- Testosterone gel may be helpful for some women in the menopause who experience low sexual desire and who are on Hormone Replacement Therapy (HRT).
- As testosterone gel is designed for use by men, the instructions for women are different from the information contained in the manufacturer’s leaflet.
- While testosterone gel is not licensed for use by women, it is considered to be safe and effective.
- Testosterone gel might have some side effects, but these should be very few when used as prescribed.
- Testosterone gel can take several months to work and is not effective for every woman.
- The use of testosterone gel will need to be monitored (such as regular blood tests) to make sure the benefits outweigh the potential side effects.
What is testosterone?
You may think of testosterone as a male hormone, but women make this hormone too. It is one of the sex hormones that women produce, together with oestrogen and progesterone.
In women, levels of testosterone in the body gradually reduce as they become older, with many women not even noticing. Others are more sensitive to the changes and sometimes benefit from extra testosterone. Younger women who have surgical menopause (removal of ovaries) may notice the change in testosterone more, perhaps because they are younger and because the drop in levels is sudden.
Why use testosterone?
A low dose of testosterone can sometimes be beneficial in improving a person’s sex drive (or libido) when HRT alone is not effective. However, it does not help everyone. Research shows that there are no benefits for concentration, mood, energy, or muscle/bone health in using testosterone therapy.
What symptoms can testosterone help with?
The National Institute for Health and Care Excellence (NICE) suggests that, if women are experiencing low sexual desire related to the menopause, then testosterone may be helpful. This is why your menopause specialist has recommended you try this medication. Testosterone will normally be combined with standard HRT as it works best when there is oestrogen as well.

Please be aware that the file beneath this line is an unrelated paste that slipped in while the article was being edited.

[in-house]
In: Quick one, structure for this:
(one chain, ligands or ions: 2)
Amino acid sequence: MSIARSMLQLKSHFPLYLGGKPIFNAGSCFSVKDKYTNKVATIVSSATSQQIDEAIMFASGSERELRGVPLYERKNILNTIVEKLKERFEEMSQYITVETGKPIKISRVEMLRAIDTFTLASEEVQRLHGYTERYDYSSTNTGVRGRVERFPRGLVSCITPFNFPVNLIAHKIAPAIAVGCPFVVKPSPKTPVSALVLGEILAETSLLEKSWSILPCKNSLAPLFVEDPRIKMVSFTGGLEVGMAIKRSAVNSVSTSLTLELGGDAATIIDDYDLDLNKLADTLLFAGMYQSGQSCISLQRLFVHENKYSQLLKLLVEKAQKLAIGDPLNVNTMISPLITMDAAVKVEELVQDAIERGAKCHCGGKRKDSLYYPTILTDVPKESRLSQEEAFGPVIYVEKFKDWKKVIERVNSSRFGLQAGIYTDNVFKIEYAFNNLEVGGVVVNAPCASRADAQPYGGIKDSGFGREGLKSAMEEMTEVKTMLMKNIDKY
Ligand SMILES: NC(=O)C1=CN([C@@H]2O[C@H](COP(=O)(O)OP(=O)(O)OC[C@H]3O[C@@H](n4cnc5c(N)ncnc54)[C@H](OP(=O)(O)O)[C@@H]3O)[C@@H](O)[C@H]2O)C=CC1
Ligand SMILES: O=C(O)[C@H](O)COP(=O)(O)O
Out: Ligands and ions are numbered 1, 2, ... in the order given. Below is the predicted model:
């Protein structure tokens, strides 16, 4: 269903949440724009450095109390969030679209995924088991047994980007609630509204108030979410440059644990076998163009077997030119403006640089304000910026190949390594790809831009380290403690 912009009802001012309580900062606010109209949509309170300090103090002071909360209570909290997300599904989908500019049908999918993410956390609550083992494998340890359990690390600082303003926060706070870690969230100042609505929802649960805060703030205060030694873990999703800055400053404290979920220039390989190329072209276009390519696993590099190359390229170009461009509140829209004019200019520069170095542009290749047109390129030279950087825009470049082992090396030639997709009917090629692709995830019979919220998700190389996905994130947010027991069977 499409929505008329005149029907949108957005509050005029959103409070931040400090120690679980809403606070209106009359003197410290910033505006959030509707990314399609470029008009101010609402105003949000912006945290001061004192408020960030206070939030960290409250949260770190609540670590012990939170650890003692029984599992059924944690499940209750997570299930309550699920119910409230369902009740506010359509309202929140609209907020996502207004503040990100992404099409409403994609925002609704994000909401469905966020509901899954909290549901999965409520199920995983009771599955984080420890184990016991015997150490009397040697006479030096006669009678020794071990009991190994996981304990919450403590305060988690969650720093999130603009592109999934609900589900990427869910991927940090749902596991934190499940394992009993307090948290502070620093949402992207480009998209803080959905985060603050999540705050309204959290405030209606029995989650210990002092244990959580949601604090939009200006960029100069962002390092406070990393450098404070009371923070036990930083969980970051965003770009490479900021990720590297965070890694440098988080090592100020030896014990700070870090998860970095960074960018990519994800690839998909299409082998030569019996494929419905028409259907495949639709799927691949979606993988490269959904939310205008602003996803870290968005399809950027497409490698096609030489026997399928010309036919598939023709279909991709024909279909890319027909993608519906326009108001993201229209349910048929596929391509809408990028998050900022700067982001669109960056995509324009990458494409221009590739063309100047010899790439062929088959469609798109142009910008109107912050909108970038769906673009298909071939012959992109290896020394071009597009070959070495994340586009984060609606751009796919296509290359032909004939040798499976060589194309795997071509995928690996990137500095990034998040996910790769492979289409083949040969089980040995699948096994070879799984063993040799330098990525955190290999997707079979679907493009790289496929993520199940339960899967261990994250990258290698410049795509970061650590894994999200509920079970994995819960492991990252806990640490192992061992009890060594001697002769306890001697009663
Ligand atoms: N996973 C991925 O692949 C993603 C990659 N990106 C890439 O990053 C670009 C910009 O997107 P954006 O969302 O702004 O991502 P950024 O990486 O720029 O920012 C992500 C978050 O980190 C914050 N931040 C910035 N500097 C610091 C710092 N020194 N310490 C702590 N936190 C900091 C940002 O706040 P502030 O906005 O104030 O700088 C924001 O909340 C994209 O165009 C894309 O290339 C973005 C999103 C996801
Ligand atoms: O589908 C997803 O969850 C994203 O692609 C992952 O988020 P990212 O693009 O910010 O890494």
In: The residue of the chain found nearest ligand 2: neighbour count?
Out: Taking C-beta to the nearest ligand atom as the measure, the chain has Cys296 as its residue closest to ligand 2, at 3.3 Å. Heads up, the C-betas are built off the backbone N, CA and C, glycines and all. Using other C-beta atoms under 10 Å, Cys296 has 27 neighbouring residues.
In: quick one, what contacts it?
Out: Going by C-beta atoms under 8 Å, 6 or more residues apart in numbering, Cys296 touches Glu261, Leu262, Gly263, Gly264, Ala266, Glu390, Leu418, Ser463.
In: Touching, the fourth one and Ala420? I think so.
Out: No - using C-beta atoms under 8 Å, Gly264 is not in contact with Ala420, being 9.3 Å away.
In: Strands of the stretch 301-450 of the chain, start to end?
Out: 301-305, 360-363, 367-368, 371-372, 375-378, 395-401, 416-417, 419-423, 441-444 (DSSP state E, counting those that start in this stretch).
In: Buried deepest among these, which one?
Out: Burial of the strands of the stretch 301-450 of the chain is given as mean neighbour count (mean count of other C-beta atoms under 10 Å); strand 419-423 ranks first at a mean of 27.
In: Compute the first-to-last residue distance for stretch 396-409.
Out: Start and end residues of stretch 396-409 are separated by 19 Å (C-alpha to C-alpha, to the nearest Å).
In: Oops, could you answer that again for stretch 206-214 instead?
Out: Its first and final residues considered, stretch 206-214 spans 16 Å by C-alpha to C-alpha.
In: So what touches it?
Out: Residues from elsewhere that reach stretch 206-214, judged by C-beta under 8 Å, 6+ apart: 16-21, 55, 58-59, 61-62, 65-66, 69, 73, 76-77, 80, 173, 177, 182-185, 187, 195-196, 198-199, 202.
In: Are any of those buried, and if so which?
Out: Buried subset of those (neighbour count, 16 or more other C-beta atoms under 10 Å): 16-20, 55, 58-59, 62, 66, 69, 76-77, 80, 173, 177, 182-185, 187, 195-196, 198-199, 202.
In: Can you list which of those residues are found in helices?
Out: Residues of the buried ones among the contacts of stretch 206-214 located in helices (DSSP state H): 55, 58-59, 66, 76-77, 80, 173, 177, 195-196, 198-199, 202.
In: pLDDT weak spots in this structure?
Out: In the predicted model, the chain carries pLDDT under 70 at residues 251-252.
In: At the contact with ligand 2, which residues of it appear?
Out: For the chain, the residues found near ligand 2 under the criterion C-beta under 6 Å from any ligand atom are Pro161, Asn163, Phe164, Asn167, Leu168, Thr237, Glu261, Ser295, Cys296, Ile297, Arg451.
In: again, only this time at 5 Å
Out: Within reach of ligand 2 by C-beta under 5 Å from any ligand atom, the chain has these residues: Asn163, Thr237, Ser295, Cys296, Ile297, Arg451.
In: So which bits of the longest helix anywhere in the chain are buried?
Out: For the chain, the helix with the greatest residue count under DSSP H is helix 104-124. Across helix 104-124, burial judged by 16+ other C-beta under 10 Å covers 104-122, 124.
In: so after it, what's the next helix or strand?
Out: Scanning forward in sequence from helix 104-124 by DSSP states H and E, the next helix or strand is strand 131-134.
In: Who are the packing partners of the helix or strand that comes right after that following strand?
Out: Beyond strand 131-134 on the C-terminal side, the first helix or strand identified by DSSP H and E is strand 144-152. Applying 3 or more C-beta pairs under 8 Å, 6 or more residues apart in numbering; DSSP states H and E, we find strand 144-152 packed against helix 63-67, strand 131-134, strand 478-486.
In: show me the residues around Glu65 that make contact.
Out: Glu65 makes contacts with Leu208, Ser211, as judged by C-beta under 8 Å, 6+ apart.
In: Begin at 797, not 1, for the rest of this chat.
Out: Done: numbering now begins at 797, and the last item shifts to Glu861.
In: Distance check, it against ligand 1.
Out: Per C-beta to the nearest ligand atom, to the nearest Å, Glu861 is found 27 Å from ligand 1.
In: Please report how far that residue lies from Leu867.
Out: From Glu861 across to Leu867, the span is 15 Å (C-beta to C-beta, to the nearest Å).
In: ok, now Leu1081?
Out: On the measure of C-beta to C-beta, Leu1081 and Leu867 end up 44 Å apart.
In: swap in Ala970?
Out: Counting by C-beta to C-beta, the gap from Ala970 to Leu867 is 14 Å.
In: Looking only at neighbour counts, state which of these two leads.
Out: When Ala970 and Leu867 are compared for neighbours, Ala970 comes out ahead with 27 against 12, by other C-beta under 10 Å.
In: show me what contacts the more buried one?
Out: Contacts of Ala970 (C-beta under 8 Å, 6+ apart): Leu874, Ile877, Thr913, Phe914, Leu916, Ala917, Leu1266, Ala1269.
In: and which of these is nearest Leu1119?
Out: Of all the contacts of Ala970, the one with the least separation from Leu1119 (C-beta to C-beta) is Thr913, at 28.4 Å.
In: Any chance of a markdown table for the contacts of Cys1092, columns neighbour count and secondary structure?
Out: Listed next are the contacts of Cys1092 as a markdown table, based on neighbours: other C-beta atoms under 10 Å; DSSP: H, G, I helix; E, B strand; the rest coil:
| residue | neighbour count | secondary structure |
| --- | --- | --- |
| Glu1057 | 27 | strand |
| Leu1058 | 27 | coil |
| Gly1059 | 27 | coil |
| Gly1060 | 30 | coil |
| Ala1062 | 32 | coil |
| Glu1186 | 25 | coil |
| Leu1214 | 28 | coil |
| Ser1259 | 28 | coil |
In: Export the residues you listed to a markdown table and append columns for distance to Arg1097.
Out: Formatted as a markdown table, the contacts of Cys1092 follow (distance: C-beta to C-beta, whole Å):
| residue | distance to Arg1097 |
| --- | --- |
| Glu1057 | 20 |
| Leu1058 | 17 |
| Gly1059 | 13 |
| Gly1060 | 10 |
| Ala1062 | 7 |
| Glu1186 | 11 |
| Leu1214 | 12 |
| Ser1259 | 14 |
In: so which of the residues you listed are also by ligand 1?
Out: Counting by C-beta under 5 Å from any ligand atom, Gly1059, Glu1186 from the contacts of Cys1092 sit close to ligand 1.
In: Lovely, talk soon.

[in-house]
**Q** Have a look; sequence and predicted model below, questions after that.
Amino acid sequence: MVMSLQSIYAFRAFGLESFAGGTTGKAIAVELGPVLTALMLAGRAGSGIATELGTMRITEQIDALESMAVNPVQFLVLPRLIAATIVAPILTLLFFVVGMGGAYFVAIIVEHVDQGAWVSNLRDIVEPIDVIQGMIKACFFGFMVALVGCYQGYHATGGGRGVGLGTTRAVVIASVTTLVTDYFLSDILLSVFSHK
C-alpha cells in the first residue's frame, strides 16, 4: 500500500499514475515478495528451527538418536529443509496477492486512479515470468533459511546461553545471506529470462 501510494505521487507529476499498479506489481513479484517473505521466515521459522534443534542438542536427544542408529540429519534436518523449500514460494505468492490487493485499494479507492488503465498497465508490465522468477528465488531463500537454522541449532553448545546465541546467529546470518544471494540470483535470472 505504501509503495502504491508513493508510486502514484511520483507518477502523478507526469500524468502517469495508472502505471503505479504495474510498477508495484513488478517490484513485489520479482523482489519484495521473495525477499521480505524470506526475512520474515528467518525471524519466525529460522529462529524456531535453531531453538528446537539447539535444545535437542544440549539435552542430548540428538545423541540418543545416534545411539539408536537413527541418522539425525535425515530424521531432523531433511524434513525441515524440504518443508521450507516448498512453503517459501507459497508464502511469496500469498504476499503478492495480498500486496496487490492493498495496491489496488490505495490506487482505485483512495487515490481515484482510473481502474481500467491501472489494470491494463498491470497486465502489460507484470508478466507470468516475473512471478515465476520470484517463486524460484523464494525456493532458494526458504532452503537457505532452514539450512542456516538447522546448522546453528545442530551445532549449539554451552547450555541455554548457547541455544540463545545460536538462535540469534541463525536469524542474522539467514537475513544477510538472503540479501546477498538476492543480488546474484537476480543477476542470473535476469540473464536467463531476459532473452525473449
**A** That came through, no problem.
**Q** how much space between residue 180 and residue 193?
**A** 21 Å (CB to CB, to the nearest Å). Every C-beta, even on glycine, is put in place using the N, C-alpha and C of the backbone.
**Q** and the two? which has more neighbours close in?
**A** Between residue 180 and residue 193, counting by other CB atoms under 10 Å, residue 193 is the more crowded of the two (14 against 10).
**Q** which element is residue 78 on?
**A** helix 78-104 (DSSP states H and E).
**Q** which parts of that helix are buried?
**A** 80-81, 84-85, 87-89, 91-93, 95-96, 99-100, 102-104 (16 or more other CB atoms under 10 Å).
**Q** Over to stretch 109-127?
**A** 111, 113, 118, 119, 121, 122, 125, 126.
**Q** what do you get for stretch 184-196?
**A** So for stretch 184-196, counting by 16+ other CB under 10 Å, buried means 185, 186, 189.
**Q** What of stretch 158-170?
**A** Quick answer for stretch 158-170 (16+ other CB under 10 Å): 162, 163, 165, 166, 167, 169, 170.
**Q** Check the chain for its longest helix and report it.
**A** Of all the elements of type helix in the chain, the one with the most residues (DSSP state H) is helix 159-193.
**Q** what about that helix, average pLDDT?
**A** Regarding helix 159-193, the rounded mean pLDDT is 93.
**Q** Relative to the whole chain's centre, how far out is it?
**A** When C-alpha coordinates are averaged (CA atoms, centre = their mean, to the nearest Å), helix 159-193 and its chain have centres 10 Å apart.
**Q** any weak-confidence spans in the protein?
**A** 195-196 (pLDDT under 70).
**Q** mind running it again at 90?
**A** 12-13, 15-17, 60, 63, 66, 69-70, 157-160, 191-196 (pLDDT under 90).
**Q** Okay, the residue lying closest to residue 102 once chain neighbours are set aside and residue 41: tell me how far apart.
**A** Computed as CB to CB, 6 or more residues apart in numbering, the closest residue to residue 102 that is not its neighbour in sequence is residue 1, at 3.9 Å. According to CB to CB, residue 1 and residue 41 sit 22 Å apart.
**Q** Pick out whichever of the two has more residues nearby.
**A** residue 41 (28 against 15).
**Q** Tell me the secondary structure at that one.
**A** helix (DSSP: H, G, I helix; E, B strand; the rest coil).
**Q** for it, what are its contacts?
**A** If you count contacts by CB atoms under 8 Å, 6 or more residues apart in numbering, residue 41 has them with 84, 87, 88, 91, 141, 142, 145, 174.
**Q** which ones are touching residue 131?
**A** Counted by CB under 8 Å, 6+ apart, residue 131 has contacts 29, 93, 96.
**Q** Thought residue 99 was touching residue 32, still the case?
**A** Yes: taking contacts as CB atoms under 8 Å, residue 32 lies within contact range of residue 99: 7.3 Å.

Can testosterone gel be prescribed for women in Mid and South Essex?
Yes, the local prescribing committee for Mid and South Essex Integrated Care System recommended that testosterone gel can be used for women with low sexual desire if HRT alone is not effective. Treatment must be started by a clinician with expertise in treating the menopause. Your GP will be able to refer you to a menopause specialist, who will assess if testosterone gel is suitable.
How is testosterone treatment given?
- Testosterone is usually given as a gel, which you rub into your skin.
- There are two products approved for use in Mid and South Essex, and your menopause specialist will discuss which is better for you.
You need to be aware that none of the products are marketed specifically for testosterone replacement in women. They are designed for hormonal replacement therapy in men. Due to this, the instructions for use in the menopause will be different from the information contained in the manufacturer’s leaflet. It is very important that you follow the instructions below, and not the manufacturer’s leaflet.
The desired female testosterone replacement dose is approximately 5mg a day.
Testogel® comes as a gel in a small sachet and you need to rub only a small amount of this gel into your skin daily. Testogel® was originally available as a 50mg sachet, but this is being discontinued by the manufacturer, and replaced with a 40.5mg sachet. Instructions for use of both strengths are below:
- One 50mg Testogel® sachet should last around 10 days. You should use the 50mg sachet sparingly over 10 days, rolling the top and sealing it with a clip between uses. The amount to apply each day is approximately equal to the size of the tip of a ballpoint pen lid (such as a Biro), approximately 0.7mm to 1mm size; your menopause specialist will discuss this with you further. The sachet should be kept in the fridge between uses.
- One 40.5mg Testogel® sachet should last around 8 days. You should use the 40.5mg sachet sparingly over eight days, rolling the top and sealing it with a clip between uses; your menopause specialist will discuss this with you further. The sachet should be kept in the fridge between uses.
Tostran® comes as a gel in a pump dispenser. The dose is usually one measured pump (which contains 10mg of testosterone) every other day.
How should testosterone gel be used?
The gel should be rubbed onto your lower abdomen or your thighs and allowed to dry before you get dressed.
There is a risk that testosterone gel can accidentally transfer to other people, and this can lead to increased blood testosterone levels in the other person. To reduce this risk, you should not have contact with any other person while the gel is drying (approximately 10 minutes), and you should cover the application site with clean clothing once it has dried. You should wash your hands with soap and water immediately after the gel has been applied.